An excerpt from 'Jerry Lee Lewis: His Own Story'

One day, when he was nine or ten, he stood on the levee beside his mother and father as one more party boat pushed against the current, well-dressed people laughing on deck. Safe in the middle of the Black River, they raised their glasses in a mocking toast to the family ashore. “They tipped their mint juleps at us, tipped ’em up,” he says, and smiles the faintest bit to prove how little it matters to him after so much time. But it mattered to the man and woman beside him. His daddy was indestructible then, gaunt, six foot four, with big, powerful hands that could squeeze weaker men to their knees, and a face that seemed drawn only in straight lines, like Dick Tracy in the funny papers. As the drunken revelers lifted their glasses of bourbon high in the air, Elmo Kidd Lewis pulled the boy to his hip. “ ‘Don’t worry, son,’ Daddy told me. ‘That’ll be you on there someday. That’ll be you.’ ” He does not know if his daddy meant it would be him up there with the rich folks, the high and mighty, or if it would be his songs they played as the boat passed by. “I think maybe,” he says, “it was both.”

Elmo knew it the way he knew wading in the river would get him wet. He had seen it, he and his wife, Mamie, when his son was barely five years old, seen a power take over the boy’s hands and guide them across a piano he had never studied or played before. For the boy, it was . . . well, he did not truly know. His fingers touched the keys and it was like he had grabbed a naked wire, but as it burned through him, it left him not scorched and scarred but cool, calm, certain. Only God did such as that, his mama said, and his daddy bought a piano for the boy, so the miracle could proceed.

Finally, something worth remembering.

He rests now in the cool dark of his bedroom and lets it draw at the old poisons in him like a poultice. He is a swaggering man by nature, but for a moment there is no strut in him.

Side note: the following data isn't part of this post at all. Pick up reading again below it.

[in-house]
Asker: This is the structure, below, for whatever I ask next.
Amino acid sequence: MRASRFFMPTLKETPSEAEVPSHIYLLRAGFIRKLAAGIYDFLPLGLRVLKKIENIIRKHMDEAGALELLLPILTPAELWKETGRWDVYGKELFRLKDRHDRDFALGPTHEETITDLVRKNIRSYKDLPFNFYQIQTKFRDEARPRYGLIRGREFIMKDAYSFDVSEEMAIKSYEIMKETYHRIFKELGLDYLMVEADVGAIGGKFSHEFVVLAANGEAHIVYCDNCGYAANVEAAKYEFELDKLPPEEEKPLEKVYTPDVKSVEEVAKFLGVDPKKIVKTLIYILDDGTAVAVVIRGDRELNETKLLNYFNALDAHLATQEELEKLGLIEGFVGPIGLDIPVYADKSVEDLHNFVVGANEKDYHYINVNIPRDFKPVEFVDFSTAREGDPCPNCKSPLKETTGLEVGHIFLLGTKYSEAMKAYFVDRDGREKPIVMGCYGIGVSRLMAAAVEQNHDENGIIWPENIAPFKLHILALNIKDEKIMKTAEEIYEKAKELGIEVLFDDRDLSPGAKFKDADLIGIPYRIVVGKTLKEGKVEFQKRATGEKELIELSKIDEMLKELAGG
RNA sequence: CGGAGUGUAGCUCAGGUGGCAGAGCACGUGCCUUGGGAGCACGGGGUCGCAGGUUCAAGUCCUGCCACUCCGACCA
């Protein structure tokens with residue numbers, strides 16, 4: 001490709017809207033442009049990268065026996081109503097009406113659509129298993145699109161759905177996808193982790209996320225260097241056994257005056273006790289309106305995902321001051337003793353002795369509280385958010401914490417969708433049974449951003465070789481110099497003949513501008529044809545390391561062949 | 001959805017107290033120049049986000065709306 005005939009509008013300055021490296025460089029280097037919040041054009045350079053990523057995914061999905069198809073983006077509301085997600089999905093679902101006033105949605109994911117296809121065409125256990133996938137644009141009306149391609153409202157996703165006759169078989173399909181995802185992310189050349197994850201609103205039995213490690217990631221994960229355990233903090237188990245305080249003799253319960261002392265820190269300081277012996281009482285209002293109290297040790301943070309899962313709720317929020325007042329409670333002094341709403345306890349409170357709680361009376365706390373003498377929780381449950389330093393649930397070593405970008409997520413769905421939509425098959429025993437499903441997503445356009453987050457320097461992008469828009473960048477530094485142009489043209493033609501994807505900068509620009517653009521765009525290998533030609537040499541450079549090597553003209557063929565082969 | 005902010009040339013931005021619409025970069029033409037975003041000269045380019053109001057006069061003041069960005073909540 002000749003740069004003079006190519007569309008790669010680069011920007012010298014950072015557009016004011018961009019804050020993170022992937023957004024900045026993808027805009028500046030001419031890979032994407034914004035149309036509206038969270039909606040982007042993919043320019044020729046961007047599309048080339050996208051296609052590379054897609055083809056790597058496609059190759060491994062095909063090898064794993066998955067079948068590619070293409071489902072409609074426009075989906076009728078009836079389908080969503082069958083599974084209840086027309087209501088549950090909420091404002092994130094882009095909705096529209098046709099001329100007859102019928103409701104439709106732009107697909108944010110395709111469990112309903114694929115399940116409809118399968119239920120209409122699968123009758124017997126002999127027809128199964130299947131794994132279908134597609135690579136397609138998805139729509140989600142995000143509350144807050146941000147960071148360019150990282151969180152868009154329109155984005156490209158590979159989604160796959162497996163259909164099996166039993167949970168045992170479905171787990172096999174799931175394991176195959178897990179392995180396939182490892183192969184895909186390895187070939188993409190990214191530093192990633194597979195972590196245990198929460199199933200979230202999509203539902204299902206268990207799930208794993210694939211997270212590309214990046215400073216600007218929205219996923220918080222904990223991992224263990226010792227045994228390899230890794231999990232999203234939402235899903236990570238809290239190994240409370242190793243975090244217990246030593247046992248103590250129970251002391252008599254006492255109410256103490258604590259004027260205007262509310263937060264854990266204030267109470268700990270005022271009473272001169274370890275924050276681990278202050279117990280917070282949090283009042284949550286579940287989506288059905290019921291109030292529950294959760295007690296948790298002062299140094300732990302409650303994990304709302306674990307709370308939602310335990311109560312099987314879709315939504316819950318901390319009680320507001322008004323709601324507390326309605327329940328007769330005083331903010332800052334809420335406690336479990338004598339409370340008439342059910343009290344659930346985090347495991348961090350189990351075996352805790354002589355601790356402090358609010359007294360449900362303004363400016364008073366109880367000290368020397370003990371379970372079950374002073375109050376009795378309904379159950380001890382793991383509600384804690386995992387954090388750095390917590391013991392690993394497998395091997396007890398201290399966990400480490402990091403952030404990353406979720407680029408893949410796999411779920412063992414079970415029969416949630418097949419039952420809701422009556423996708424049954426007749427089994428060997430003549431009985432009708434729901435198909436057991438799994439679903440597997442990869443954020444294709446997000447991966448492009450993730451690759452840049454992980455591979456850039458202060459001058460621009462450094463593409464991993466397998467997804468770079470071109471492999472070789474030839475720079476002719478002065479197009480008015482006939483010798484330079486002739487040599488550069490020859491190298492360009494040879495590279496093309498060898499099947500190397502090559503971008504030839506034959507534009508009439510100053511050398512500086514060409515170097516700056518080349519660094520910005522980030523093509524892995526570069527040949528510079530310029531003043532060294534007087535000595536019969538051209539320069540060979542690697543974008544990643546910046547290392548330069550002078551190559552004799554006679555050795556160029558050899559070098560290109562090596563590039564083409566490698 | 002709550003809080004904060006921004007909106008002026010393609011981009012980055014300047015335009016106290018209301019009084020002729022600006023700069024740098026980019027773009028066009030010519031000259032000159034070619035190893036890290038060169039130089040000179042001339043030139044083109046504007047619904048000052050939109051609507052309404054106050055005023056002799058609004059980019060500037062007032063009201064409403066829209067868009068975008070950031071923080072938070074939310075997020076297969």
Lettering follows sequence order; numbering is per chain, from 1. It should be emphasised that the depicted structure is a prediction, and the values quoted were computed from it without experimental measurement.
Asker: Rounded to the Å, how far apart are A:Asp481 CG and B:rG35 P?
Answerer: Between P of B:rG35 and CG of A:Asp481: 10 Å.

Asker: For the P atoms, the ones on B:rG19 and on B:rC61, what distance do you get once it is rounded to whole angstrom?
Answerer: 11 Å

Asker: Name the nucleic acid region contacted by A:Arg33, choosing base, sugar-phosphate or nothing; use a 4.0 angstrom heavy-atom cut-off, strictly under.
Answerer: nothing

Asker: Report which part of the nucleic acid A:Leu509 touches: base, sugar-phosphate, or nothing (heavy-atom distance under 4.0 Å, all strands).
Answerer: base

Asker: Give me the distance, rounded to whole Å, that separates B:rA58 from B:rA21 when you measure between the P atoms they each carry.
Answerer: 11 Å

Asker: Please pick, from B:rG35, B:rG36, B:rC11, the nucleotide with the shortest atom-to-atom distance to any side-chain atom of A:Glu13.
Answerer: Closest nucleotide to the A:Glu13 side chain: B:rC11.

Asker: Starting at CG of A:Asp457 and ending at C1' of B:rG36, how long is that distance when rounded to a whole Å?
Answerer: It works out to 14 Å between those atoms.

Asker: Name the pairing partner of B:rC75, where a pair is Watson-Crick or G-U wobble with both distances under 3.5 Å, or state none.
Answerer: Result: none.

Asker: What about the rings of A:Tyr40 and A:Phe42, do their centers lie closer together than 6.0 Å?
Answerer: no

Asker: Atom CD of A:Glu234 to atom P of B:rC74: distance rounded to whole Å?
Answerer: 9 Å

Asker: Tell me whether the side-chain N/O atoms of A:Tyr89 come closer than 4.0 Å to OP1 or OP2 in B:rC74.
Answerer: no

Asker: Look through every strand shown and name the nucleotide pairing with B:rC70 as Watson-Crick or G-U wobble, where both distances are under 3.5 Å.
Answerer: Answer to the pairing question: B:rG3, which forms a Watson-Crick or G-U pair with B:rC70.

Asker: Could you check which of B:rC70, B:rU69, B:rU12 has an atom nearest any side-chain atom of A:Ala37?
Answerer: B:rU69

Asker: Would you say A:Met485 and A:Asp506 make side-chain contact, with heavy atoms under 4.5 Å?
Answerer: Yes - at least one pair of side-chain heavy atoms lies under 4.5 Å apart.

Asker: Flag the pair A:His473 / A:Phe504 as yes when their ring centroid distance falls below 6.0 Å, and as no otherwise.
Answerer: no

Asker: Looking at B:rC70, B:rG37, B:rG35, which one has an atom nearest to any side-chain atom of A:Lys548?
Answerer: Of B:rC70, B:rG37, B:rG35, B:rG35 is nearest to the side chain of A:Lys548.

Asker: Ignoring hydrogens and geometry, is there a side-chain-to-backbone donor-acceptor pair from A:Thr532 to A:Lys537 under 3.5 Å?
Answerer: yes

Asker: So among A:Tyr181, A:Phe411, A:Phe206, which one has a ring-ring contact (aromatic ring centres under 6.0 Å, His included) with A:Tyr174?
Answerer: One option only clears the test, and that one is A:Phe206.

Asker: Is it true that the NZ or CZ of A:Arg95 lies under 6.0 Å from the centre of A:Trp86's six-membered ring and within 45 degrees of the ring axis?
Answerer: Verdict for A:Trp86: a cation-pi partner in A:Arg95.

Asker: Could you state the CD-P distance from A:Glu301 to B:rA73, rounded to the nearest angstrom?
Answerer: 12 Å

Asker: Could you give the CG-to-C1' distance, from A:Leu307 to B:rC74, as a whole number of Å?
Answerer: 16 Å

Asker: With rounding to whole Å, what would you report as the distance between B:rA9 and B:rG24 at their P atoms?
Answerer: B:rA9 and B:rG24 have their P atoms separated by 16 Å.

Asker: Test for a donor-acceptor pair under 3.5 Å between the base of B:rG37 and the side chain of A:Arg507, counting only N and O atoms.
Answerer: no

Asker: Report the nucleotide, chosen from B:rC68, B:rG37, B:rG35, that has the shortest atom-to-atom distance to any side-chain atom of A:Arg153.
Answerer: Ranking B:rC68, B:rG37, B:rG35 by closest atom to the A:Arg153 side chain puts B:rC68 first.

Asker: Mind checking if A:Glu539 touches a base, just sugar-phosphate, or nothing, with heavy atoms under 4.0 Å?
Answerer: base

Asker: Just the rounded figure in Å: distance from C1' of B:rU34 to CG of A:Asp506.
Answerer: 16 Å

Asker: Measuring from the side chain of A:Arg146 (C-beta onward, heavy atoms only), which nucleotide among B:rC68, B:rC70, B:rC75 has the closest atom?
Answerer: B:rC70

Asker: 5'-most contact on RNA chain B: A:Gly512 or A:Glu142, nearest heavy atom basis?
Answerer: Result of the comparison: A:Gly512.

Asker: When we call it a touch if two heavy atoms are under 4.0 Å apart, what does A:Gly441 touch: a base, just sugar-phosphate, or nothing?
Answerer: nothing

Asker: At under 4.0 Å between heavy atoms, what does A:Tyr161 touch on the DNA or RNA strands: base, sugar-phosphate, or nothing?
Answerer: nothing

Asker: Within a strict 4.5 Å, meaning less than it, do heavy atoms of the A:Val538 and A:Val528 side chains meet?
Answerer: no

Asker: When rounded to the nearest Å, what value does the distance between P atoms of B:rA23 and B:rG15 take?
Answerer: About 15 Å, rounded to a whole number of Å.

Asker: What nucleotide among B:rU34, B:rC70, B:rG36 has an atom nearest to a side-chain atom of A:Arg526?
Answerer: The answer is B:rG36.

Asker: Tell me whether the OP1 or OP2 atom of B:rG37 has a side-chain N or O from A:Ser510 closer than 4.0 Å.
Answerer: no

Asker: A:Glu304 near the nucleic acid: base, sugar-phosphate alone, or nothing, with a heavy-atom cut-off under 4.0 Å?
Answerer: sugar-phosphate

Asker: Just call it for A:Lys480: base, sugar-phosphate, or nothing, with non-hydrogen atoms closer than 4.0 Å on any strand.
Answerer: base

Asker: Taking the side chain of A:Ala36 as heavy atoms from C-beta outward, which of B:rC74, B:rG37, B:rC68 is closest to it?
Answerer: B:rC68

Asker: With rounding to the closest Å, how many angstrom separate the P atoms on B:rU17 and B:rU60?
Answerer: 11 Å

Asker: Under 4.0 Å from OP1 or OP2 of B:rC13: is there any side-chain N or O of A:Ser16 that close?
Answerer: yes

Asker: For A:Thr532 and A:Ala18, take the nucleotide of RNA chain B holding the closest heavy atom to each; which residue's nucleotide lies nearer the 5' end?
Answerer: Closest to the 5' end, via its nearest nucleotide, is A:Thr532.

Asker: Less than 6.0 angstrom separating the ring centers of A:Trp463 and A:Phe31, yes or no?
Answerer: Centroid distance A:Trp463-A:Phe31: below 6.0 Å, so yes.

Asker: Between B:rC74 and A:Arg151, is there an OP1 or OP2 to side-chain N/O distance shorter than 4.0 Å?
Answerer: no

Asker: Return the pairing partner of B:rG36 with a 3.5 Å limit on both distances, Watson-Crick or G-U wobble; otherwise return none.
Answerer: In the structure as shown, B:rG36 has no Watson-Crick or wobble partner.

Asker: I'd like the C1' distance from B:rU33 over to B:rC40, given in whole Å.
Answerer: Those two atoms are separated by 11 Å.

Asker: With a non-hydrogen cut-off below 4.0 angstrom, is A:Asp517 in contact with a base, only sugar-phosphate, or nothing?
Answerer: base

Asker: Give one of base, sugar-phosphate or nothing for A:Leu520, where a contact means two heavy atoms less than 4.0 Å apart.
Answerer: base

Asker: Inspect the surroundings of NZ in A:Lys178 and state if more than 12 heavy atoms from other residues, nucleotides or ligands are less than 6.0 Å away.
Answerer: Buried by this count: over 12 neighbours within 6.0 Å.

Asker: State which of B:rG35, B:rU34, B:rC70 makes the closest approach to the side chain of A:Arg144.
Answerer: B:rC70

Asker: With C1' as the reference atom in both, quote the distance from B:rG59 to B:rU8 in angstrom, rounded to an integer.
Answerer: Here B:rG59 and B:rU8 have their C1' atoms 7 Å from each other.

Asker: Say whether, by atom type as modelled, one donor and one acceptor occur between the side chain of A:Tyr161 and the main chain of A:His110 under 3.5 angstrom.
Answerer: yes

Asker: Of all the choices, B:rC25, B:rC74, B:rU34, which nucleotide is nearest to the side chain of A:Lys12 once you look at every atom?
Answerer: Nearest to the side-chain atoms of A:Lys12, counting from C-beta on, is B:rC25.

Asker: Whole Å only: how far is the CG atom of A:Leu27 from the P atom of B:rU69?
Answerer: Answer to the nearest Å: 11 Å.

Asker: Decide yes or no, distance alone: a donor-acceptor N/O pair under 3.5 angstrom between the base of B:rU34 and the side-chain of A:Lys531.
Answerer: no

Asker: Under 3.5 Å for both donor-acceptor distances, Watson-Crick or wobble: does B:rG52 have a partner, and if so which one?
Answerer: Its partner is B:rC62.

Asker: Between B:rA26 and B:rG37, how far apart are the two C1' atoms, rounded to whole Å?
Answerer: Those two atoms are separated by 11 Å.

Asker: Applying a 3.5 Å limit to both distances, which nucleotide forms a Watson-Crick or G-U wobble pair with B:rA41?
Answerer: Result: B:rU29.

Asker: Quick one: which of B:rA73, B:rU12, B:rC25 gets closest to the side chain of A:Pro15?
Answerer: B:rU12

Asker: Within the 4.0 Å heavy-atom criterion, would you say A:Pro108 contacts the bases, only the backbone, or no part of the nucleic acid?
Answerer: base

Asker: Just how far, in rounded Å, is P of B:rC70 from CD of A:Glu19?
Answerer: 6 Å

“Mama and Daddy,” he says, “believed in me.”

He tried to pay them back, with houses and land and Cadillacs. “ ‘Money makes the mare trot,’ Mama always said.” But the debt will never be settled. The piano, the weight of it, tilted the world. He still has it, that first piano—the wood cracked and buckled, deep grooves worn in its keys—in a dim hallway in a house where gold records and other awards pile like old newspapers or lean against a wall. He pauses before the ruined piano now and then and taps a single key, but what he hears is different from what other people do.

The boat that taunted them is a ghost ship now.

The old songs sank beneath the water.

Elmo’s boy, scoured by a worldly hell and toasted by kings, is still here.

In the summers of 2011 and 2012, I listened in the quiet gloom of his bedroom as he told me what was worth remembering. He told me some of the rest of it, too, when he felt like it, for as long as he felt like it. He remembered it as it pleased him. That does not mean he always remembered it the same way twice, but day after day I was reminded of a line I once read: it was like any life, really, but with the dull parts taken out. It was odd, though, how he could see the boy on that levee so much clearer than he could see all the long life in between, like he was looking across that wide river again, at himself.